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Taiwan's parliamentary speaker invokes spirit of historic Taiwanese patriot amid Ukraine invasion

You says Taiwan people’s fighting spirit will match the Ukrainians

Legislative Speaker You Si-kun. (Hit FM photo)

Legislative Speaker You Si-kun. (Hit FM photo)

TAIPEI (Taiwan News) — Taiwan’s Legislative Yuan Speaker You Si-kun (游錫堃) has invoked patriotic hero Chiang Shao-tsu (姜紹祖), who fought invading Japanese forces in 1895 to illustrate the “Taiwan spirit” that fights to the death amid the ongoing war in Ukraine.

Speaking to the press on Monday (March 7), You said Russia’s invasion of Ukraine has attracted increasing attention over Chinese aggression toward Taiwan, according to a Liberty Times report. He then quoted a poem written by Chiang, who was a scholar in 1895 in Hsinchu County’s Beipu township and fought against the county’s colonial occupation by Japan in the 19th Century in the struggle to establish the Republic of Formosa.

You said: “All Taiwanese just have to learn to be like Chiang Shao-tsu, and our resistance to fighting the enemy will certainly be no less impressive than the Ukrainians.”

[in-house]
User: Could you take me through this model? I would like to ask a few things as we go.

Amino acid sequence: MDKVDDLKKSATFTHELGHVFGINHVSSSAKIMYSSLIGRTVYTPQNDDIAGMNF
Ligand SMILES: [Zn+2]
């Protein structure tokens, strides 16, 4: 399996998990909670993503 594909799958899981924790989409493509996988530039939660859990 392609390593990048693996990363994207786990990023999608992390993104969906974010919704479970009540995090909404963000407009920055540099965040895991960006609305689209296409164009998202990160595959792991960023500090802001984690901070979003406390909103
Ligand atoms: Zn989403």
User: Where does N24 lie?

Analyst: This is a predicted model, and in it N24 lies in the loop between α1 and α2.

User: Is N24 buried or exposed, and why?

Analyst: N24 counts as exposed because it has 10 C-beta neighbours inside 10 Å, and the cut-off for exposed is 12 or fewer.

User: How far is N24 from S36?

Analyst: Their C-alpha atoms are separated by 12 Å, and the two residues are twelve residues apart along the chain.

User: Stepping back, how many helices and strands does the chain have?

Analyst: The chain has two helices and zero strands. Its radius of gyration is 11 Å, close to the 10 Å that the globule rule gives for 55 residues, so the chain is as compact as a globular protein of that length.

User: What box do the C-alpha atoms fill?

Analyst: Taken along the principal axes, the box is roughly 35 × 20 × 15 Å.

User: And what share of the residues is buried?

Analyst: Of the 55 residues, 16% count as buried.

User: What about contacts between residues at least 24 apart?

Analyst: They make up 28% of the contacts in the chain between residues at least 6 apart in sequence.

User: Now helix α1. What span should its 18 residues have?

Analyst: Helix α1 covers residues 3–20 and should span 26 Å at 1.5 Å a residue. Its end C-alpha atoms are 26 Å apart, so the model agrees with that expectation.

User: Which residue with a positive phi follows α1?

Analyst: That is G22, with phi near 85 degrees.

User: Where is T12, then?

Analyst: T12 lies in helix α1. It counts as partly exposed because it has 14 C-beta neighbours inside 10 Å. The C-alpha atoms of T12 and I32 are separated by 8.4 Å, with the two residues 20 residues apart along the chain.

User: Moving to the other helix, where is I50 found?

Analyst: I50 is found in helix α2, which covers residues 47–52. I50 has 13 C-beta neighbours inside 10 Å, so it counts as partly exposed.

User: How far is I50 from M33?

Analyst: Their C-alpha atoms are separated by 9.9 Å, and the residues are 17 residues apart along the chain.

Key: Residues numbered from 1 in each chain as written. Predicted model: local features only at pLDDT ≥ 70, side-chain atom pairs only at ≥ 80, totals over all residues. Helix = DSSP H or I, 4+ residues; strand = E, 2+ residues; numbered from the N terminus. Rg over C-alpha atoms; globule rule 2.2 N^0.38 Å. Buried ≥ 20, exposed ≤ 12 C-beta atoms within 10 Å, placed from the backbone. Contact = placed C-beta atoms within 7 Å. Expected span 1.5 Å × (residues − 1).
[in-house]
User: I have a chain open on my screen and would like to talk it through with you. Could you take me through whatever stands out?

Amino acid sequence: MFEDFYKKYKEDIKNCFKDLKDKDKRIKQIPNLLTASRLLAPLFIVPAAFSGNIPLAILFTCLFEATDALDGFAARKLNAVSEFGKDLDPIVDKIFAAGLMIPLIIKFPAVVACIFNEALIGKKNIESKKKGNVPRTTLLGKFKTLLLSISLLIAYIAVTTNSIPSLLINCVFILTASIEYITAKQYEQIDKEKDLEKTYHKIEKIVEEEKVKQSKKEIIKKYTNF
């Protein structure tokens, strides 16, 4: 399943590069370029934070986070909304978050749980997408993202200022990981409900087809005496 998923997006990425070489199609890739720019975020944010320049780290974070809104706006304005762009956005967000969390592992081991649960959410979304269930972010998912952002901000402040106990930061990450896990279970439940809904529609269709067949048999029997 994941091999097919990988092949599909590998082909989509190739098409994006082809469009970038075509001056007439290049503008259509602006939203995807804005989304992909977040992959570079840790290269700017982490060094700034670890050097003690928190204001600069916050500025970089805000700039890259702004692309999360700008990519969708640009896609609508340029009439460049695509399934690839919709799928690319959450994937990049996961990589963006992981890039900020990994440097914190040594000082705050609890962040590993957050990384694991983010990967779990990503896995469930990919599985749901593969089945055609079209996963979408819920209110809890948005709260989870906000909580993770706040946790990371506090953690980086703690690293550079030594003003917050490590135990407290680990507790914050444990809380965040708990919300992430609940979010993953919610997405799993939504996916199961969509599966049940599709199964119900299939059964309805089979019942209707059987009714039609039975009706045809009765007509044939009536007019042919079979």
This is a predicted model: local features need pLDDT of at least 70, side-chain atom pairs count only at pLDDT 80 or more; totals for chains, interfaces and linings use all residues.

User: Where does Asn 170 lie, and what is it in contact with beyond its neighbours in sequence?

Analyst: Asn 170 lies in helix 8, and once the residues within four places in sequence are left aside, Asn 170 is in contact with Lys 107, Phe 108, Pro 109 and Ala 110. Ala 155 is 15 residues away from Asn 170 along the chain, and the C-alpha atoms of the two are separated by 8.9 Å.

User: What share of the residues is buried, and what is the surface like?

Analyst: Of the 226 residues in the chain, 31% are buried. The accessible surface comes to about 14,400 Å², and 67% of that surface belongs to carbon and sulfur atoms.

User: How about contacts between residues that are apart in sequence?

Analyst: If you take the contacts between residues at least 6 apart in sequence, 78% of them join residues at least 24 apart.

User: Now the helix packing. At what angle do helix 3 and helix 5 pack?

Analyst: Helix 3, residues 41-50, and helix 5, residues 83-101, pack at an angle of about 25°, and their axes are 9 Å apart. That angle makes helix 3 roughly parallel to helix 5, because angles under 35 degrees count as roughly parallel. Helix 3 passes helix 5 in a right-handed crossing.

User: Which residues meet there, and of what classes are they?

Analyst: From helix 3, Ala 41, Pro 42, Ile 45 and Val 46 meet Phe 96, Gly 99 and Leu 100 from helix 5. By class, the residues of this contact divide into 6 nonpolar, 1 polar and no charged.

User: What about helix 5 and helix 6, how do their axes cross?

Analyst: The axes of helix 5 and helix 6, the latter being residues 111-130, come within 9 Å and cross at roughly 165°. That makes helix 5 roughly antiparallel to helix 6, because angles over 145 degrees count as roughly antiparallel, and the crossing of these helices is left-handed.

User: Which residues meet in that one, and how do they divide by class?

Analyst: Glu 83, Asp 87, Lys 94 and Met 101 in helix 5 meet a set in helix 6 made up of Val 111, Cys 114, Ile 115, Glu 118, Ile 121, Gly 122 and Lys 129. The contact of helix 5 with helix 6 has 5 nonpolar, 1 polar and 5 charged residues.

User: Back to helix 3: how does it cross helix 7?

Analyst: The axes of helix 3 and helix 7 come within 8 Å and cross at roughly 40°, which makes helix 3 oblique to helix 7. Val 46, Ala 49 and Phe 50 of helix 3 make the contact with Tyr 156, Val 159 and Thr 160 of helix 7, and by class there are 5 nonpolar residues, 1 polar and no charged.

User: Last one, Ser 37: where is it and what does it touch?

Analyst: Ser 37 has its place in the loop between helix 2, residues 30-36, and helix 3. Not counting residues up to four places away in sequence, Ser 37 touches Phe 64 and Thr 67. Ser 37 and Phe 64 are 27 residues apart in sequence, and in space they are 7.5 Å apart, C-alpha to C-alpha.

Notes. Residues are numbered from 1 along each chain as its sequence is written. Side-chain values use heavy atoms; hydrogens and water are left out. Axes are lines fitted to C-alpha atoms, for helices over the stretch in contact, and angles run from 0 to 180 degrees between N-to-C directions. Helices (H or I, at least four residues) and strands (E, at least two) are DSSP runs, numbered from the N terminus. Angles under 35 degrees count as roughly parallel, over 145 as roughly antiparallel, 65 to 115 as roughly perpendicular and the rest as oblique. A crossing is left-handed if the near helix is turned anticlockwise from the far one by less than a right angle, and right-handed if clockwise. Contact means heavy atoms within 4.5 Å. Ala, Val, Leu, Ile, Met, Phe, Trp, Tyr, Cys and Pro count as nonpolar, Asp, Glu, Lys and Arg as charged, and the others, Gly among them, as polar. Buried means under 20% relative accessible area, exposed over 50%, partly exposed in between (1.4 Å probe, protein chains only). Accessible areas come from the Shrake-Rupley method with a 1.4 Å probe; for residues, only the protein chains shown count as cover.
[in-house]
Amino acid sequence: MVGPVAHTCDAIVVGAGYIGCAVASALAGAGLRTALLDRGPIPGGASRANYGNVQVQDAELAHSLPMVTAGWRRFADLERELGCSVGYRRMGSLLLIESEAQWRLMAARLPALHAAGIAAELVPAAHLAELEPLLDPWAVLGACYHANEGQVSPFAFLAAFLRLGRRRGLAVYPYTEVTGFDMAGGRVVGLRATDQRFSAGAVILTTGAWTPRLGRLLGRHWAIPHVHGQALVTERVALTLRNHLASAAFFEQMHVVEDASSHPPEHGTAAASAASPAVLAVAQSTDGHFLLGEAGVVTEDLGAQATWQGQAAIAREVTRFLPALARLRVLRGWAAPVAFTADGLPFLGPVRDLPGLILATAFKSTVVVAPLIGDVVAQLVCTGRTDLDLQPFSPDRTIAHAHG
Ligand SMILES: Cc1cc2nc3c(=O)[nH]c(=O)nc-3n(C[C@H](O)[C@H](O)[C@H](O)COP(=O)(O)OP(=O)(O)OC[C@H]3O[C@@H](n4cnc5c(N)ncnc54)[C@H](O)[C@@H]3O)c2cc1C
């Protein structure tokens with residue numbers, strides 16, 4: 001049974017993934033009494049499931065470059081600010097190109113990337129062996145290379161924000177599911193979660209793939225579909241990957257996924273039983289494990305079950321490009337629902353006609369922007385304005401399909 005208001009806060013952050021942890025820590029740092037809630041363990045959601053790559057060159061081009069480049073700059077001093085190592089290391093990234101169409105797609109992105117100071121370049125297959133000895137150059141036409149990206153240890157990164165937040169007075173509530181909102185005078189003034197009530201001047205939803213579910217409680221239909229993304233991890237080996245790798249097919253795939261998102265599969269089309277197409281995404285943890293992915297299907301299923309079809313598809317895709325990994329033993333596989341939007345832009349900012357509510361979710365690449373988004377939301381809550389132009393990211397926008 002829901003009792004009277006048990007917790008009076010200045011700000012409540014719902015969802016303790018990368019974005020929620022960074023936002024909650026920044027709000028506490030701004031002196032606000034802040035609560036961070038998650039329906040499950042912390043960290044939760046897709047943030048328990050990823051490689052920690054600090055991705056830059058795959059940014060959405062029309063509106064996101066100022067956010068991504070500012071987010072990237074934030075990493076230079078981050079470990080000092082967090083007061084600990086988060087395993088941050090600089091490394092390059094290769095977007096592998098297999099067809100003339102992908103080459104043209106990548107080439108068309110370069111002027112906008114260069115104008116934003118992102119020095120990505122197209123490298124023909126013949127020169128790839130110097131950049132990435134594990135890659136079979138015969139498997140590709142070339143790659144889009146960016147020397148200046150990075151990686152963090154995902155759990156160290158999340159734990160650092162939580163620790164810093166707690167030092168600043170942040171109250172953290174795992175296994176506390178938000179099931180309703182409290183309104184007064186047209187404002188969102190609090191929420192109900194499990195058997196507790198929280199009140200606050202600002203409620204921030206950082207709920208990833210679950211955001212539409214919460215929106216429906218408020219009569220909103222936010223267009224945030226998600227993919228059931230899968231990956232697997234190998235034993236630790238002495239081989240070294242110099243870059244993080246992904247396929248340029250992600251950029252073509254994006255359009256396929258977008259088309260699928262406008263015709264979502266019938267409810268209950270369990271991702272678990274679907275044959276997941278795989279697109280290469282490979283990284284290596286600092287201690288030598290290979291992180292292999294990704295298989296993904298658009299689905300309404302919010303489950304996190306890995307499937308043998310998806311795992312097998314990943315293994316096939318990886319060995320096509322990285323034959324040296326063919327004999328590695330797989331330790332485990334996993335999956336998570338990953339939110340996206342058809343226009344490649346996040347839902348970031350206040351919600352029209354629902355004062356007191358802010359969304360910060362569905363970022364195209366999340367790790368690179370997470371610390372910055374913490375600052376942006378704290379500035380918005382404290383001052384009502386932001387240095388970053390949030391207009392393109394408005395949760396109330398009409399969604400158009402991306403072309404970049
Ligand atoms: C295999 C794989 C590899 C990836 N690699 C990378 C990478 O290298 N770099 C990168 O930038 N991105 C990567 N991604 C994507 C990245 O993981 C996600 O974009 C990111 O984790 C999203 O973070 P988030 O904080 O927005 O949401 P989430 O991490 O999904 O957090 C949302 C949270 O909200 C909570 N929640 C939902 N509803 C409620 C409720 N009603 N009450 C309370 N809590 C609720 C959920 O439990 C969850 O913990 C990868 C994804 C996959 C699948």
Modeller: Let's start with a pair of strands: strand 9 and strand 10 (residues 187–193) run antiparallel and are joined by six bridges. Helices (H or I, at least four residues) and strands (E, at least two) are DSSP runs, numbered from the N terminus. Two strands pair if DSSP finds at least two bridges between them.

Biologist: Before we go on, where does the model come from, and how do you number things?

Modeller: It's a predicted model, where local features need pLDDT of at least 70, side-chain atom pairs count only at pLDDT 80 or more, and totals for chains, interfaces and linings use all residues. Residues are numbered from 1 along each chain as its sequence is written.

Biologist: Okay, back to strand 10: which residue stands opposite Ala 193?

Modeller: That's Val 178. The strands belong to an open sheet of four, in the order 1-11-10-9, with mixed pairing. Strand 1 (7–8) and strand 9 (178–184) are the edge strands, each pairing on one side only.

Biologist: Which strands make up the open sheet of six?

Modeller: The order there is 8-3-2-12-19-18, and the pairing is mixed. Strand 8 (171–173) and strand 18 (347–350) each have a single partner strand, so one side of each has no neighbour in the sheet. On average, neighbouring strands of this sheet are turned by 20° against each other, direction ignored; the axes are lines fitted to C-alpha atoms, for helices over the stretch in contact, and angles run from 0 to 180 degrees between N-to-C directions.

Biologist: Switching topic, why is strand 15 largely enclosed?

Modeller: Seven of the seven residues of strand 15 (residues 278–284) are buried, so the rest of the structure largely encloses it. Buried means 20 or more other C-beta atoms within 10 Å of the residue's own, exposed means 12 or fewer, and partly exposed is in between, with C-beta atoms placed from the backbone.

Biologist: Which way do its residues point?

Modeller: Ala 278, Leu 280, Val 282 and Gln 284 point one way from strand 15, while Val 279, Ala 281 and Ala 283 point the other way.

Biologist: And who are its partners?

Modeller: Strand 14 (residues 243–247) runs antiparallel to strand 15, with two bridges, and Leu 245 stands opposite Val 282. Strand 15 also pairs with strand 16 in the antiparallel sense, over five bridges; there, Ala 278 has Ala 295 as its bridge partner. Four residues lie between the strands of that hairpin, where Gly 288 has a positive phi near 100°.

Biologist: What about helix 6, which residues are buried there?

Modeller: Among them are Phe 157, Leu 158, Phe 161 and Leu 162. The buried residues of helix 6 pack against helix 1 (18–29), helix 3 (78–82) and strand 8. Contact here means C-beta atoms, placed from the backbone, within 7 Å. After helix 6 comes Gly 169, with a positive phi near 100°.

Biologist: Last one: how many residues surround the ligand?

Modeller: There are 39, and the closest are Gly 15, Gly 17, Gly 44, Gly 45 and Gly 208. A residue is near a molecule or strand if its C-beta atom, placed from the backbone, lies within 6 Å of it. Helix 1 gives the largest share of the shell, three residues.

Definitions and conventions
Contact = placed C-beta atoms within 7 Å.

You said that Taiwan wants peace, and hopes that Russia will come to its senses and withdraw from Ukraine. He added that many people are talking about Taiwan being the next to be invaded after Ukraine, and that the country must be careful in facing down the autocratic CCP.

“No matter how strong the enemy is, it will ‘not dare take a step across Lei Pond,’” referencing an ancient idiom roughly analogous with “crossing the Rubicon.”

“If the CCP does one day attack Taiwan, though,” he says. “I believe that the people of Taiwan’s resistance will be just as strong as the Ukrainians.”

In addition to Taiwan’s strong national defenses, You claimed, its people also have the spirit of resistance passed down by its ancestors. You said that Chiang was just nineteen in 1895 when he put down the pen to pick up the sword and bravely led the resistance against the foreign invaders.

You then recited the poem: “Trading scholar's robes for the soldiers’ garb, I vow to drive out our enemies and plant the flag of righteousness. What would provoke a scholar to cast off his robes? The duty to defend hearth and home.”

You pondered the meaning of the poem more deeply: “Why do innocent scholars have to join a war? It is because every individual bears responsibility for the rise and fall of the world (‘天下興亡,匹夫有責’), and the citizenry have a duty to secure their homeland.”

You asserted there were many brave Taiwanese fighters like Chiang during the invasion by the Japanese, and they held the Taiwan spirit. You concluded with a message for Taiwan and Ukraine: “I want to share this poem to encourage us all – keep fighting Ukraine and God bless Taiwan!”